The Sun Always Shines on Aret


Building a world is fun and complicated in equal parts. While it’s fun to create a host of new rules to govern one’s land of make believe, the complexity manifests in holding oneself accountable to those rules, which, of course, involves remembering them.

In the early stages of this story’s development, I decided that time runs ten times faster on Earth than it does on Aret. What led to that preposterous, labyrinthine choice? I have no idea. Really, I cannot remember, but considering all the trouble it’s caused, I have to believe it was a decision based on sound logic.

Once the rule was established, Aret’s plot and characters intertwined all around it, creating a sticky mess of narrative knots unthinkable to untangle. So I had to embrace the 10:1 time factor, despite its propensity to cause twitchy eyelids and bouts of explosive swearing.

Throughout the writing of book 1, I thought I took great care in following the terrible time rule, but during one of my nine thousand revisions, I discovered something dreadful. Over the course of the story, about three weeks passed on Earth, which meant that only two days had passed on Aret. However, in every scene that took place on Aret, the sun shone brightly in the sky.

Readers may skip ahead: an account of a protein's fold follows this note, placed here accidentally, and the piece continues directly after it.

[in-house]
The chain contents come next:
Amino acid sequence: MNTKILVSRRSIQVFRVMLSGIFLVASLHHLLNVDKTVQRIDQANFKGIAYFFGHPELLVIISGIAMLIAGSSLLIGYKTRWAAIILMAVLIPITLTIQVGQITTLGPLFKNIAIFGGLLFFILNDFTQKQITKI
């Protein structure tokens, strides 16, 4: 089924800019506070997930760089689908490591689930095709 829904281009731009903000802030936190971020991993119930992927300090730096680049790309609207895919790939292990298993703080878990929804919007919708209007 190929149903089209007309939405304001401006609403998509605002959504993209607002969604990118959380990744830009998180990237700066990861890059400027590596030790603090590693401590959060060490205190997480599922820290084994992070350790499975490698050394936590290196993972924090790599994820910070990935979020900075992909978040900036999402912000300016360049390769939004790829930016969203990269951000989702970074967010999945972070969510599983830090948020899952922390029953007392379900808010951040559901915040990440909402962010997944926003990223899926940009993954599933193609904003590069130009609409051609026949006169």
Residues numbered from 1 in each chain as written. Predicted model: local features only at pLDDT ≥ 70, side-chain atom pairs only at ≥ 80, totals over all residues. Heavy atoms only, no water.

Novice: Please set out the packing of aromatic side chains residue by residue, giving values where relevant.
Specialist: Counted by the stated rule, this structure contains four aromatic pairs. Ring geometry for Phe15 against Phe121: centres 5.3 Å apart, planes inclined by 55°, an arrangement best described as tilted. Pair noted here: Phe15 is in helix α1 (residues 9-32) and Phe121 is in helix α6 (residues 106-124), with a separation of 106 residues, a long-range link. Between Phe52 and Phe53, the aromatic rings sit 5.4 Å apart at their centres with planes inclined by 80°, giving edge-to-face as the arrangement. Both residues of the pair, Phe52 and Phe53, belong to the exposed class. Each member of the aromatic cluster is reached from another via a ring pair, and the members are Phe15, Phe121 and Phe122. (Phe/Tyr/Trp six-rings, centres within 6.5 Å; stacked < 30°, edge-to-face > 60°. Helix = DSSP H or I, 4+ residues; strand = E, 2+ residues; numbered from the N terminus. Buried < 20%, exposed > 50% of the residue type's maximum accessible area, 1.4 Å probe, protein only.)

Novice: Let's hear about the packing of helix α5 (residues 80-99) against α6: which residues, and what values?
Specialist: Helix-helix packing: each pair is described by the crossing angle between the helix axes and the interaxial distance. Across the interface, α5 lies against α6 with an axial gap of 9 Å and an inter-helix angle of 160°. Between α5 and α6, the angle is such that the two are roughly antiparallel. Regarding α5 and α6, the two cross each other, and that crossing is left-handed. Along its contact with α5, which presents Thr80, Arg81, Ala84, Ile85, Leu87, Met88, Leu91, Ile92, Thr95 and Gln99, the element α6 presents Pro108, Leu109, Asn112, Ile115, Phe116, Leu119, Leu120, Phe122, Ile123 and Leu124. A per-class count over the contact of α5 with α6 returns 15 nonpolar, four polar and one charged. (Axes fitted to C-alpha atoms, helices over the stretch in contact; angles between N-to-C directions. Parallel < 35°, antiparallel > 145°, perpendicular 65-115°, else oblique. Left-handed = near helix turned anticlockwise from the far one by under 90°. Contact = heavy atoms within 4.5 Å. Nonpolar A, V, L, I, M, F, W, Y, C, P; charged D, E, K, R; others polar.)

That was not a happy realization, but I tried not to panic. I leashed up my dogs, took them into the woods, and commenced an intense, semi-combative internal dialogue.

Inner Me #1:  What am I supposed to do about this? Half the scenes on Aret should take place at night!

Inner Me #2:  Hmm. Maybe there’s no night on Aret. It’s just day all the time!

IM #1:  Oh, Kelly. That is so lazy.

IM #2:  True. Maybe I need to get rid of that pesky 10:1 time rule.

IM #1:  Okay. Except that means recreating the entire story.  Are you up for that?

IM #2:  Um, no. Maybe I don’t want to be a writer. Maybe I should be a firefighter instead.

IM #1:  Good grief. Quit whining and put some scenes in the dark already!


So I did. I combed through the narrative, figured out the exact timing as characters traveled between worlds (a painful, migraine-inducing experience), and, at long last, incorporated sunsets and starry nights into Aretian scenes.

Bringing darkness to Aret led to another new rule – my dragons have perfect night vision, yet they burn torches in their Council Hall at night, anyway. Why? Well, they’re sophisticated creatures. I imagine they enjoy the ambience.

As I reflect on the process of creating this story, I have one piece of advice to offer other budding fantasy writers. Consider NOT messing with time. Time doesn’t like being manipulated. It just might retaliate.